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Rewards checking can be, well, rewarding
Racking up rewards on checking accounts can substantially boost your earnings.
FDIC-insured Northpointe Bank in Grand Rapids, Michigan, for example, offers an almost unheard of 5% annual percentage yield on balances up to $5,000. This nationally available account is among dozens featured on Bankrate.com's annual high-yield checking survey.
The trick is clearing the checking account hurdles, which can include meeting monthly minimums on the number and dollar amount of transactions, using online rather than paper statements and switching to direct deposit.
For any month in which you don't meet these requirements, you'll earn much less: a near-worthless 0.05% APY at Northpointe, for example. There's also no guarantee that rates won't drop after you open the account.
While you should check the disclosures on any rewards account to make sure monthly fees and other costs won't eat up your rewards, you shouldn't assume that these deals are too good to be true.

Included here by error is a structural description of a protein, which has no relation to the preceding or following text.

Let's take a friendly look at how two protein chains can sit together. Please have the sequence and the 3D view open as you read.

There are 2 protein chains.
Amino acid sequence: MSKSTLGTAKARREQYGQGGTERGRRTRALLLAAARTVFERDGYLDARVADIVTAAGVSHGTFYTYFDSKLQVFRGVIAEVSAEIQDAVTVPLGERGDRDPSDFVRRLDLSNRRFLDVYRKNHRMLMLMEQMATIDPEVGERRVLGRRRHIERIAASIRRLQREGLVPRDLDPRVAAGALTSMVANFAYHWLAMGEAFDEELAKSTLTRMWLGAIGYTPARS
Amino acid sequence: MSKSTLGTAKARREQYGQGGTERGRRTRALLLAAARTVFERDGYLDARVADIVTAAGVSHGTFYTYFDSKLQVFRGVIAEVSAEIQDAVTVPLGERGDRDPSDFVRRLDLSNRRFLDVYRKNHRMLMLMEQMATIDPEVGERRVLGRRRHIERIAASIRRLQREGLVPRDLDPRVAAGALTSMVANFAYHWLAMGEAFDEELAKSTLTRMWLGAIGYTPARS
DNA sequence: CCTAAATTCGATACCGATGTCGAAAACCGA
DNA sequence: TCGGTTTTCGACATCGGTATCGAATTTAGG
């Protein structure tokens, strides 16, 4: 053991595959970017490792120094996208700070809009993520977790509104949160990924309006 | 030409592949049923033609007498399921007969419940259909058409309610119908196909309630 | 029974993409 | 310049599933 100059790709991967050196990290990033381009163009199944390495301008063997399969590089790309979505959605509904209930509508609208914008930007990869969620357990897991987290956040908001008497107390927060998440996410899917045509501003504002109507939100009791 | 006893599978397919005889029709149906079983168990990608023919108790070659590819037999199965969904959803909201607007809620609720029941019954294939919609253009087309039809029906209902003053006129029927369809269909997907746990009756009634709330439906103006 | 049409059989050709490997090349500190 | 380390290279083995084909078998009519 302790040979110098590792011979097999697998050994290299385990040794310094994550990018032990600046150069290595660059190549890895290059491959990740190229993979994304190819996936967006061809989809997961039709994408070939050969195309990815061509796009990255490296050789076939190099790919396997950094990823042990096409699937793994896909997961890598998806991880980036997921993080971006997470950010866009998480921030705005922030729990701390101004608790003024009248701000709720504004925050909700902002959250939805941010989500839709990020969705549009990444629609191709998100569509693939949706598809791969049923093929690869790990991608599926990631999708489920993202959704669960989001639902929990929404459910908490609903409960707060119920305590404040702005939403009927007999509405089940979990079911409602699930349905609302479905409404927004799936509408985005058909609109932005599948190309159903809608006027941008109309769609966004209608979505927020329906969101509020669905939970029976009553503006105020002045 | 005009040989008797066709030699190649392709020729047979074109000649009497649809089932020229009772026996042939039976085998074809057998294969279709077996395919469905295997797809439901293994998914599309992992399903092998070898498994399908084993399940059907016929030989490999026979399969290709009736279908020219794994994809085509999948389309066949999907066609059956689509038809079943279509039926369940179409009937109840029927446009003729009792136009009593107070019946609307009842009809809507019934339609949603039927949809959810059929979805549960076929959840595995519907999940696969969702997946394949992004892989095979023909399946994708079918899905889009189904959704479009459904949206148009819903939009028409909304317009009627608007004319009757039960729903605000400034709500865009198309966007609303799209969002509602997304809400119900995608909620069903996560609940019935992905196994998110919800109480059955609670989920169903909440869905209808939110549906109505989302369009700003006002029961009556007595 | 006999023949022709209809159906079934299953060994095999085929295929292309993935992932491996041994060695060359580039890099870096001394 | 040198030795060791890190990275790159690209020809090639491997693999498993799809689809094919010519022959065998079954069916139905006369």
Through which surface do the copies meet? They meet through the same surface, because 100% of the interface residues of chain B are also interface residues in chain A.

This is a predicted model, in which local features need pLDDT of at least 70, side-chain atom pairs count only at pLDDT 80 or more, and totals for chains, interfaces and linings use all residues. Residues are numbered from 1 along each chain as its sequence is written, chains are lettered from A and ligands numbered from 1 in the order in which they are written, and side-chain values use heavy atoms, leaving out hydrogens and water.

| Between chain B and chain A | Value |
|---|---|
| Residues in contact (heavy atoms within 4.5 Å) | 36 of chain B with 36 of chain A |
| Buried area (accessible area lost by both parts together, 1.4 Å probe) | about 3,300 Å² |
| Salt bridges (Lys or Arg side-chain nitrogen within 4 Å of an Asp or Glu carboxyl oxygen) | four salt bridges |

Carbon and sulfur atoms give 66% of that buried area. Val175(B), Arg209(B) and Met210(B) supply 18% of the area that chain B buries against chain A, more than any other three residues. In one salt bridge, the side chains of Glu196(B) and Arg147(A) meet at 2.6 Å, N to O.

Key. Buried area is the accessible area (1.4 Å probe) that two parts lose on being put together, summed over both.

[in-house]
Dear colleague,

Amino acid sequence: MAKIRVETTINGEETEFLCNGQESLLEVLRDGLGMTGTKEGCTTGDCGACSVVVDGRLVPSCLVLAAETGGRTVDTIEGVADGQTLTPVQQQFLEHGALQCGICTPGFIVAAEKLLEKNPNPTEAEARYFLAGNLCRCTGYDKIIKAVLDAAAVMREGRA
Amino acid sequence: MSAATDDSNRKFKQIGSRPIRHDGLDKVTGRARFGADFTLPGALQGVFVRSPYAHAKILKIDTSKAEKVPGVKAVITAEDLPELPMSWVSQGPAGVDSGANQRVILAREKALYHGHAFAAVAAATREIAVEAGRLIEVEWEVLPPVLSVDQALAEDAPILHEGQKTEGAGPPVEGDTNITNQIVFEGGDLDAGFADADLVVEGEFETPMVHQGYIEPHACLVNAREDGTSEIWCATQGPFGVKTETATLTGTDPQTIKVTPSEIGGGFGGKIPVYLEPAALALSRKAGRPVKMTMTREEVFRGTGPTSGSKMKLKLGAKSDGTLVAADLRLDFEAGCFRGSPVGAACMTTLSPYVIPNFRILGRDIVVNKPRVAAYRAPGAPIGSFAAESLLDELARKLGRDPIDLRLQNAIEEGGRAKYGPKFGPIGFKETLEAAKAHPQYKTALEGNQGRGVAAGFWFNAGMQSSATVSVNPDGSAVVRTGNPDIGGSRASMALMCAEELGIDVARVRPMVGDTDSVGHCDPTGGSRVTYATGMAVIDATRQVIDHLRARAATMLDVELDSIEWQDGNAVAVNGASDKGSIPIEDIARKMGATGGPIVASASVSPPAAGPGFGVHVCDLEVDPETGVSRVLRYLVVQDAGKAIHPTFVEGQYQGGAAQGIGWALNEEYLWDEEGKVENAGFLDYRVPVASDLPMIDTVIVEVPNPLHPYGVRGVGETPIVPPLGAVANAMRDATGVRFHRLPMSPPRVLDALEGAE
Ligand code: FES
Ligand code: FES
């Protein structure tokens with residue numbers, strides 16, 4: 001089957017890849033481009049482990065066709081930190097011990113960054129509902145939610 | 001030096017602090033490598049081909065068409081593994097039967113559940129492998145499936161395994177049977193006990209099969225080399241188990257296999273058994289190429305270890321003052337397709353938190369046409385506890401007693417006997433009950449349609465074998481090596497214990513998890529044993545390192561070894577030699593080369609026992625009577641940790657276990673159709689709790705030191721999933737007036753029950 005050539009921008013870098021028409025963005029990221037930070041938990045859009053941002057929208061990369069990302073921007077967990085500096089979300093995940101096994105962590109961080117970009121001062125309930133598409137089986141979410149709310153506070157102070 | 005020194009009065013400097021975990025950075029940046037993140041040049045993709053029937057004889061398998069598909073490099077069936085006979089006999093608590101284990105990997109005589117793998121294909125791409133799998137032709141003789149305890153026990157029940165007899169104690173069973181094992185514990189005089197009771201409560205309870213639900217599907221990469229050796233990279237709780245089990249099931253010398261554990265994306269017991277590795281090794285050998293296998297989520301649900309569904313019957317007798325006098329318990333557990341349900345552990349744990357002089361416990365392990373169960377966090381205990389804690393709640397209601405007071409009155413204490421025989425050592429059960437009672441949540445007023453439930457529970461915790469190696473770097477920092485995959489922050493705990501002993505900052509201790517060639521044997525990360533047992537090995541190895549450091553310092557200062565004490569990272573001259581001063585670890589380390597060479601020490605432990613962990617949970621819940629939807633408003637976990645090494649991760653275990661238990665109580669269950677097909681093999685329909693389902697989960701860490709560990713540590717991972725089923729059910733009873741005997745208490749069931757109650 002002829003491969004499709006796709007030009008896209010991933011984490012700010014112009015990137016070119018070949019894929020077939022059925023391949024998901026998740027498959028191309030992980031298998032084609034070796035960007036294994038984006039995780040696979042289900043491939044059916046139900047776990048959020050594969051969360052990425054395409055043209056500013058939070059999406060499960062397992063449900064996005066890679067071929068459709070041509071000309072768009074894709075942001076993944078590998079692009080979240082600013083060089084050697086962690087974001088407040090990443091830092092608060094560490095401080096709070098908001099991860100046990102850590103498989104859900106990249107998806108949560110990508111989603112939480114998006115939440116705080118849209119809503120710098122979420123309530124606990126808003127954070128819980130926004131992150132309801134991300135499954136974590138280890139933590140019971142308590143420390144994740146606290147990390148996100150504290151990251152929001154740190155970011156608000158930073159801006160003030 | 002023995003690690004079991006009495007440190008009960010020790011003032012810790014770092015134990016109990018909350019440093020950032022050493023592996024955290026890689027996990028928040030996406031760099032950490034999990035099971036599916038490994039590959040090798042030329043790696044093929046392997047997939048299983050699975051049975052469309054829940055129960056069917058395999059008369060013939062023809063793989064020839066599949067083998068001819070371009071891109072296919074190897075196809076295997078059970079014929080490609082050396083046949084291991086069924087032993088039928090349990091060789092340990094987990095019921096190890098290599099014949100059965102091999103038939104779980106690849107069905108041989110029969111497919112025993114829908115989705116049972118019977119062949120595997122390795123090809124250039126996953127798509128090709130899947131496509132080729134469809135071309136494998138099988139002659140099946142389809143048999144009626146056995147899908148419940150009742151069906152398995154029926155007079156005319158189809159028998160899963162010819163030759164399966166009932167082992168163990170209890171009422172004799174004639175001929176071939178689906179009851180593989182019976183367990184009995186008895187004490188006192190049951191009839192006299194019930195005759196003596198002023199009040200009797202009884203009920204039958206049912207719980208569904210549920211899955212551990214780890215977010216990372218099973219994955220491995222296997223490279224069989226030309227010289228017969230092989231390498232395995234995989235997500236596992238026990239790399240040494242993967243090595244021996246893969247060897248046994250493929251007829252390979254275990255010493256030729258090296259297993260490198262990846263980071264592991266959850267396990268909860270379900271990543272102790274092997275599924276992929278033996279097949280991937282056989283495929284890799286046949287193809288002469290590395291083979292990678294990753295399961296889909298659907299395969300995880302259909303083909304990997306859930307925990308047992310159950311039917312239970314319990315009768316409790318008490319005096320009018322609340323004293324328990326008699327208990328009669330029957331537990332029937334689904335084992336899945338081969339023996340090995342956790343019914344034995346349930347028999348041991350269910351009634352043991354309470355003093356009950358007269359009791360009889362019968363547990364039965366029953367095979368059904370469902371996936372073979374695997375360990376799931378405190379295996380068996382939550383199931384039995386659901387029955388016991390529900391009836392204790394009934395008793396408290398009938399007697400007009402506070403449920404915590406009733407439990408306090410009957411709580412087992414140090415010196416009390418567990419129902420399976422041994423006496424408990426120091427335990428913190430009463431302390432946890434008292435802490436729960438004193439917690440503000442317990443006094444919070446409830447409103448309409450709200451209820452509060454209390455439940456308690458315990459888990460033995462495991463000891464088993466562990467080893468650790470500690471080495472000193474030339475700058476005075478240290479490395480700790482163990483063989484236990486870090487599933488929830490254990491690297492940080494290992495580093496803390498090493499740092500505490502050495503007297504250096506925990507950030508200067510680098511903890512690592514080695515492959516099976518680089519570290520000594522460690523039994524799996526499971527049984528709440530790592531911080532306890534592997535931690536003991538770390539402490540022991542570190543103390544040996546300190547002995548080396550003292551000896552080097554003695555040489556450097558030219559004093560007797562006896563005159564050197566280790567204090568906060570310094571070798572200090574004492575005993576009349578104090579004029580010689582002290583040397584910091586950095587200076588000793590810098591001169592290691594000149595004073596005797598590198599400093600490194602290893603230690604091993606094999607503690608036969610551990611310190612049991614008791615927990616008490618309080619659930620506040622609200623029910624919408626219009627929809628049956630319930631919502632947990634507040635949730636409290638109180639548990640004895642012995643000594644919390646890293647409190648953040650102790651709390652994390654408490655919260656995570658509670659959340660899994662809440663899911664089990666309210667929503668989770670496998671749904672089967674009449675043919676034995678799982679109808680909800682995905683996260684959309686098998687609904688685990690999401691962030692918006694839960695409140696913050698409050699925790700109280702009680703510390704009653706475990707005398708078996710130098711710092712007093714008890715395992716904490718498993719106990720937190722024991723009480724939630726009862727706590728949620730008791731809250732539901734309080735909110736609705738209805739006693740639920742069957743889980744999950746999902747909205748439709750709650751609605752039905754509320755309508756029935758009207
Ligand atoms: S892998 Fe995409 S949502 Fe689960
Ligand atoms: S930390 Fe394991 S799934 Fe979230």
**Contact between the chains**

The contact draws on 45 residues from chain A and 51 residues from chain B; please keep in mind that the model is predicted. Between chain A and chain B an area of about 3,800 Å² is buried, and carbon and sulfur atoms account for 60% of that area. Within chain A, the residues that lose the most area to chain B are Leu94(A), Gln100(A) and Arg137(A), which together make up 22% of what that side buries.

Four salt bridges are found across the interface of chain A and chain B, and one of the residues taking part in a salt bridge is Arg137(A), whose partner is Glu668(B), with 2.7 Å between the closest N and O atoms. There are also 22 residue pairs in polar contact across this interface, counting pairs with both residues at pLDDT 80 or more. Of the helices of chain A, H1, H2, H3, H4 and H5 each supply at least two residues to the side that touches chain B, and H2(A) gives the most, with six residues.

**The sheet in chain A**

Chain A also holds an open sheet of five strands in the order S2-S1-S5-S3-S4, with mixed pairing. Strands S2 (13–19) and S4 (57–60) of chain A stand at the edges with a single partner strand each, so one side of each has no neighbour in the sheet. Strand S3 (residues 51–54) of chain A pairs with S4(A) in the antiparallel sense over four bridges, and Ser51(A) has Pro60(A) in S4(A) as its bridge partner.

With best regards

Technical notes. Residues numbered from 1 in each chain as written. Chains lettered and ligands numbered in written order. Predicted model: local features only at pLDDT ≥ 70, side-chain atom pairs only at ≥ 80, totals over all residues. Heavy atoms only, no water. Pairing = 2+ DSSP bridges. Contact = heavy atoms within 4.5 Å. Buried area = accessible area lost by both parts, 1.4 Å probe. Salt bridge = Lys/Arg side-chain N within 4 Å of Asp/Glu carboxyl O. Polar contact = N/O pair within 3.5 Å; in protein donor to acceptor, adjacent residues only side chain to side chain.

Rewards checking isn't a "gotcha" device, but a way for banks to encourage specific depositor behaviors, says Scott Hein, the Robert C. Brown chair in finance at Texas Tech University in Lubbock. He sees it as a win-win product for banks and their customers.
Another example: Discover Bank's rewards checking encourages depositors to use their debit card for purchases and pay bills online by rebating 10 cents for each of these transactions, up to $10 per month.
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